Finally, white privilege persists because white people are motivated to preserve the status quo and at the same time are shielded from responsibility by the singular privilege of obliviousness. Indeed, this covenant of ignorance/innocence is perhaps the primary way that whiteness protects its privileged position.[iii] Our cultivated inability (sometimes refusal) to see how the institutions and social structures of U.S. society favor white people allows us not only to enjoy our racial advantages but to defend them tenaciously. It is ironic that, in a society where so many of us are so poorly versed in science and history, the average white person, when challenged, turns out to be capable of expounding eloquently on abstract liberal principles, such as free market competition, individual choice, and the merits of meritocracy.[iv] Indeed, a statement such as “the best person should always get the job” probably sounds like common sense to most people. However, for this to be realized requires not only that every potentially qualified person has an equal chance of being considered, but also that there exists an unproblematically universal standard for making these decisions. In addition, the abstract terms of this discussion presuppose that the race of the people empowered to do the deciding can safely be ignored.

The notion that racism is sustained through our “innocent,” race-neutral actions probably constitutes a pretty radical paradigm shift for most of us. I know it did for me. The shift is made even more difficult by the fact that accepting this analysis of our society entails a responsibility to change it. You are welcome of course to reject this whole argument; that after all is the essence of white privilege. I only ask that you consider: what if this analysis is right? What if, when we fail to question the status quo because it’s hard and because we don’t have to, we are engaged in a collective enterprise to preserve unearned privileges that flow to us at the expense of people of color? Just think about it.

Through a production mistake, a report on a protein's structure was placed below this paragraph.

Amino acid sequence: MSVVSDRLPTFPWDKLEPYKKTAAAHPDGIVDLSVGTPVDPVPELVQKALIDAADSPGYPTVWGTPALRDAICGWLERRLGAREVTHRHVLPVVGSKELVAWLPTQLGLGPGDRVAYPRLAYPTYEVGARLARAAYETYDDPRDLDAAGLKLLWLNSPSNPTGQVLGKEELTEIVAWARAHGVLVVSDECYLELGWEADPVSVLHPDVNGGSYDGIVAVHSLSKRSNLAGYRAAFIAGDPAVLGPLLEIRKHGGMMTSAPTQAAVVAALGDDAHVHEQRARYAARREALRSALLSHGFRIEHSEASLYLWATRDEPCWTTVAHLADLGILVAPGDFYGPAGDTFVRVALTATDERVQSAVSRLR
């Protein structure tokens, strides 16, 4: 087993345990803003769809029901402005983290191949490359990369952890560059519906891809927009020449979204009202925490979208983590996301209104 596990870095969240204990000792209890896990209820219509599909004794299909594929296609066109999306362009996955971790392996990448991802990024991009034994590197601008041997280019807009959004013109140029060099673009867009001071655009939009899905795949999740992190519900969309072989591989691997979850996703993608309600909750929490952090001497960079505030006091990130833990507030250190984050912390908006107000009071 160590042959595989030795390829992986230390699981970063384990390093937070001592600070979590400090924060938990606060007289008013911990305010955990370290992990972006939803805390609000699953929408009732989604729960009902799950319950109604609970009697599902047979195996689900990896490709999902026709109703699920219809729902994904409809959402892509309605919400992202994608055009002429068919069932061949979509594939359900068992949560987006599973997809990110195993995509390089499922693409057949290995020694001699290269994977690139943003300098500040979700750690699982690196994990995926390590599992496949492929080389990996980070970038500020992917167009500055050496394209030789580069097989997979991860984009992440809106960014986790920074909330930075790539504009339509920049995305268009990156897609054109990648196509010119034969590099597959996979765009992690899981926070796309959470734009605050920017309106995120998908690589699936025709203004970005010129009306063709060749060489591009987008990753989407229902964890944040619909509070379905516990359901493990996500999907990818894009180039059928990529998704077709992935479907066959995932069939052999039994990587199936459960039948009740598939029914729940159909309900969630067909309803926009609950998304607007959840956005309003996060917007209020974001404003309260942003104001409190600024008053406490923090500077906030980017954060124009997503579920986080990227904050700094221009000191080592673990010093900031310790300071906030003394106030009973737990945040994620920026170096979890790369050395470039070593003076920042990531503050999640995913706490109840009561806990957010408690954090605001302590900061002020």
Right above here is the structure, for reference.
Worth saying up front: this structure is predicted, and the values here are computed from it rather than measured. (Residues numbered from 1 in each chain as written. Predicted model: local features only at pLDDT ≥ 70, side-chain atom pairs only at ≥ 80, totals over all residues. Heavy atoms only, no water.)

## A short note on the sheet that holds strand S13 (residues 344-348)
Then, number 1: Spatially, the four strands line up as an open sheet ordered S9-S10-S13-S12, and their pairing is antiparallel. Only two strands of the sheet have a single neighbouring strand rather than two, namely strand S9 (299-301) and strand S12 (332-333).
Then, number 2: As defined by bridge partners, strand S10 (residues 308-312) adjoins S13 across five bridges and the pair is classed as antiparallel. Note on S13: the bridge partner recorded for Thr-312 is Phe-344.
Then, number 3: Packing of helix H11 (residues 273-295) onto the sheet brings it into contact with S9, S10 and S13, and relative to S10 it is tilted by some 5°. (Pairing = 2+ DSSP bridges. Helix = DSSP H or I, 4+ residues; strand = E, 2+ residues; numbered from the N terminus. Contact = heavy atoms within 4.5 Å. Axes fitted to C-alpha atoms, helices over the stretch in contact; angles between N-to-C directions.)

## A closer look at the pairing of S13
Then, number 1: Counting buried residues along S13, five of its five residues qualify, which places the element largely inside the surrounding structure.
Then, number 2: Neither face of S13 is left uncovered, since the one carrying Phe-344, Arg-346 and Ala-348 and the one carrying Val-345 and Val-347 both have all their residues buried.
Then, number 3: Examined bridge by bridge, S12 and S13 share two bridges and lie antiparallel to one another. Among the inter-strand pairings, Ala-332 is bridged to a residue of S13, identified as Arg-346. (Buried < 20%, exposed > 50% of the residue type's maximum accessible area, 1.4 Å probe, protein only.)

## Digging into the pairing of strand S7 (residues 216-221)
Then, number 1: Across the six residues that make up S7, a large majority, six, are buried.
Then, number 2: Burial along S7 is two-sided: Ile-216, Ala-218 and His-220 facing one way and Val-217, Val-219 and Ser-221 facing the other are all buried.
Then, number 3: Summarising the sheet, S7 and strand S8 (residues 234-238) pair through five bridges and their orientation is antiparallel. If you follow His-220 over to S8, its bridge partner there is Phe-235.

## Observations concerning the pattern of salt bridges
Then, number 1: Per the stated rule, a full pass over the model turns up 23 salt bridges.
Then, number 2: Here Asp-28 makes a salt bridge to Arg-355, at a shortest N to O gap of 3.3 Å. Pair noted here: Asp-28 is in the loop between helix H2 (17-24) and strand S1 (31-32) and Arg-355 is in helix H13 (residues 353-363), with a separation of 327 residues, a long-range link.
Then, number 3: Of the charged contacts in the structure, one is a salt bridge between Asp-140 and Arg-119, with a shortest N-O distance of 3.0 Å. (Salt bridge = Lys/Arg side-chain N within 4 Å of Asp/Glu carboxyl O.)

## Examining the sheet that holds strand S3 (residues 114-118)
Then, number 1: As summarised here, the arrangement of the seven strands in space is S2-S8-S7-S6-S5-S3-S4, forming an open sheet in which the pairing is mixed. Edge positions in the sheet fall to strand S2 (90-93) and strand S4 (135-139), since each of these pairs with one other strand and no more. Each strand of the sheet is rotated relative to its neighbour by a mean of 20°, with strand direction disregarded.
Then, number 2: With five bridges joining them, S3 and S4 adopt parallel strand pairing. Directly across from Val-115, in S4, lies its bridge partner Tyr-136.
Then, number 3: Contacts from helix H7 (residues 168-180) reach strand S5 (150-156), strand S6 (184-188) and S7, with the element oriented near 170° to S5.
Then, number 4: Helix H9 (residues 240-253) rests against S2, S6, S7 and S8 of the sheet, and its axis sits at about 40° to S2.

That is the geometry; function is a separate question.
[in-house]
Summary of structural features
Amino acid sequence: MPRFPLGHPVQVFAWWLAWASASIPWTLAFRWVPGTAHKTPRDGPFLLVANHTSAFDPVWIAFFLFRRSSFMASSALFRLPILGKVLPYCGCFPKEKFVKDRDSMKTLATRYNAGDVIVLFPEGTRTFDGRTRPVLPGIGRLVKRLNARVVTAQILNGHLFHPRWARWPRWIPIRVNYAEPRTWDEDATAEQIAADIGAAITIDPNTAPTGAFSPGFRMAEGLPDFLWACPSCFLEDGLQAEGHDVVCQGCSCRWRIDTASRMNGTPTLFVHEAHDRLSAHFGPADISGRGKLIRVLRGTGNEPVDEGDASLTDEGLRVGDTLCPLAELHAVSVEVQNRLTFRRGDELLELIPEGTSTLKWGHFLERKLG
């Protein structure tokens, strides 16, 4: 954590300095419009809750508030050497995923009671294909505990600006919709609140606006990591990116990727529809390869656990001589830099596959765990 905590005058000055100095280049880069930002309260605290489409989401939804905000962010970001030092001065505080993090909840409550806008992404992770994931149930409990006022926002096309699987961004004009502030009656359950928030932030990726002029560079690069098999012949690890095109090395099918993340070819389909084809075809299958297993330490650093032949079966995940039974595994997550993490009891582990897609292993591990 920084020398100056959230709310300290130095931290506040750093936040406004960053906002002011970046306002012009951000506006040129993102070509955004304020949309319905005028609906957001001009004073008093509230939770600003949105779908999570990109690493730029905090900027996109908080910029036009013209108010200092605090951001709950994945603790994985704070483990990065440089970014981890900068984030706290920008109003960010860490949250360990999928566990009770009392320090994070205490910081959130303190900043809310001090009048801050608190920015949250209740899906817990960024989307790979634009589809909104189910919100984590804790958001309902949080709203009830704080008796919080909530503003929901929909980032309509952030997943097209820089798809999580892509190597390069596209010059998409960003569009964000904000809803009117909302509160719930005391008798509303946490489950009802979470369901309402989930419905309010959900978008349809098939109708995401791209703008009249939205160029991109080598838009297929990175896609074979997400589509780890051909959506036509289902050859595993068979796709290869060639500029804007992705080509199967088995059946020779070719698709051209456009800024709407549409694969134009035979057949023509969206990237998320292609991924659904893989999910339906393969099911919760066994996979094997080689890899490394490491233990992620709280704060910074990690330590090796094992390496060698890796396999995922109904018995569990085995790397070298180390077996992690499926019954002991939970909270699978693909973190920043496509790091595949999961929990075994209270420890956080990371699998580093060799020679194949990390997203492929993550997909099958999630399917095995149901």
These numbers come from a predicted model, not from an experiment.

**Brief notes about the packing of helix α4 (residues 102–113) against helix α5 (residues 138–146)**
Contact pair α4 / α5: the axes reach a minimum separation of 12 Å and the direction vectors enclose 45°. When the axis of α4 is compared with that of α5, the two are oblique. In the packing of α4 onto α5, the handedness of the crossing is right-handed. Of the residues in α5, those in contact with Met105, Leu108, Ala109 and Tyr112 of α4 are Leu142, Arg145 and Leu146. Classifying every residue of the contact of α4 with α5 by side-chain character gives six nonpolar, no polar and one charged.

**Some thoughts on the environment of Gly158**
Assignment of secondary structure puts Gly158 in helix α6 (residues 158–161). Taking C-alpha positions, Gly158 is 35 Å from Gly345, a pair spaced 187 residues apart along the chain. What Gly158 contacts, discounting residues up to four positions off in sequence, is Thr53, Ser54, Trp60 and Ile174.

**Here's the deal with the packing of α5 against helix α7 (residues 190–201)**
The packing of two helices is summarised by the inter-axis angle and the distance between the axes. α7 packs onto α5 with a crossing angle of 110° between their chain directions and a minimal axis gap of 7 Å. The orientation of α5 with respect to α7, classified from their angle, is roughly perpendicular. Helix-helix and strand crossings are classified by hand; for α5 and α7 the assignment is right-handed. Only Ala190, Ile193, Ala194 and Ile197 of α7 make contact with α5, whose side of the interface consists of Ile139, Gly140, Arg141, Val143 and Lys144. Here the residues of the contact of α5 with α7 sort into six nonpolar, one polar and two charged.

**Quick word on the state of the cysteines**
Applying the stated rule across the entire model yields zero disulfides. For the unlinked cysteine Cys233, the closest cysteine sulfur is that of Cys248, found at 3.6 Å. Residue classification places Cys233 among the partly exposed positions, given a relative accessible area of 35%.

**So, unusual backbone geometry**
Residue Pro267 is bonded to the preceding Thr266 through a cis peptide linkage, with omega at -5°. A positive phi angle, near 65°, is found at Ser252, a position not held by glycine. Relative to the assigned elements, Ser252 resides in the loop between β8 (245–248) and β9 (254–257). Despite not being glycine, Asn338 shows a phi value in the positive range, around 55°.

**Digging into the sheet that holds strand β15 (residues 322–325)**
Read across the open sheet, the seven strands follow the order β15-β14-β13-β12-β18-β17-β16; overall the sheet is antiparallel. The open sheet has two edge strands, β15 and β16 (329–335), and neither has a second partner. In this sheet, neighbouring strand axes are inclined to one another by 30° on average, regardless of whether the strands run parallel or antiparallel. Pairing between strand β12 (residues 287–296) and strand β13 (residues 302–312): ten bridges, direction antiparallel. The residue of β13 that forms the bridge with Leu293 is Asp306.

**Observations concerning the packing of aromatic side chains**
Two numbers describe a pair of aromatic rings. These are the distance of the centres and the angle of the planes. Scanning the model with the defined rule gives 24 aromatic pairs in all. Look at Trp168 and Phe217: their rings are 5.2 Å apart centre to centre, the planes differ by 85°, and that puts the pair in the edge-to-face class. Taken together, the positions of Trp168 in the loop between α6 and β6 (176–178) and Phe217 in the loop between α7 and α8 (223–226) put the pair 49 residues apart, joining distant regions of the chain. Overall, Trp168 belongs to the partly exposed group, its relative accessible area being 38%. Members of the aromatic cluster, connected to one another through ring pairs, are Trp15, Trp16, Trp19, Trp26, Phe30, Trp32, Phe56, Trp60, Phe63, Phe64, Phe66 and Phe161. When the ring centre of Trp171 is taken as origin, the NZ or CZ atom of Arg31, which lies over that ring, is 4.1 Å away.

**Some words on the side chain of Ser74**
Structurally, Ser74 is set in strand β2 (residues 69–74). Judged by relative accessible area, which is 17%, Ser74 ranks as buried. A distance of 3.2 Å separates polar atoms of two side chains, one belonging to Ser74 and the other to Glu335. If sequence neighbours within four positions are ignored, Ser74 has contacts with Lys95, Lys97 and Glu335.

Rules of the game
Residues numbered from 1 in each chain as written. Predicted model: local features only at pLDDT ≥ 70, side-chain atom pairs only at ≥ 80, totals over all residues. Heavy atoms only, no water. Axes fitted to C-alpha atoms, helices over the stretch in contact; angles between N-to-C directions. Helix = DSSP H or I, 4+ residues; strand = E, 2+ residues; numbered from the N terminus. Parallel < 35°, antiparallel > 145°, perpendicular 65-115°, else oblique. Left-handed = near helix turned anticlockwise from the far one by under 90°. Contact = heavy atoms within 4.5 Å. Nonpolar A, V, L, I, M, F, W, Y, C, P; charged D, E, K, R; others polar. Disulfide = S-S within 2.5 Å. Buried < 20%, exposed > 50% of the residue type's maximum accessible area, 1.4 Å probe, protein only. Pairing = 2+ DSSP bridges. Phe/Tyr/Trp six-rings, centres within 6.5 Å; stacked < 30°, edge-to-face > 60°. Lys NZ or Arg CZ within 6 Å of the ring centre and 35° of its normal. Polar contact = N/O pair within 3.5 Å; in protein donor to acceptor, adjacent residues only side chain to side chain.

For the white privilege paradigm, racism is not a mechanical process that can be disabled simply by removing race from the law and race prejudice from individuals’ minds. Though originally created by design, racism persists as an emergent property, which perpetuates itself through institutional momentum, social and residential segregation, and countless seemingly race-neutral acts of rational self-interest. While the colorblind paradigm obscures the true nature of this system, the white privilege paradigm lays bare its inner logic, dramatically remapping the moral landscape and brazenly transgressing the cosmology of whiteness.  

[i] The claim that race prejudice has dramatically lessened among individual white people does not hold up so well in detailed studies.
[ii] Systems thinking has by now influenced every scientific discipline, but it should be noted that the it actually has roots in sociology.
[iii] In his book The Racial Contract, Mills calls this covenant an “epistemological contract.” It functions through the ideology of individualism, the discounting & distortion of history, the mechanistic conception of society and of course the colorblind paradigm. 
[iv] See Racism Without Racists by Eduardo Bonilla Silva. 


  1. Excellent blog as usual.

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  2. Thanks Brotha Wolf! New blog site duly noted.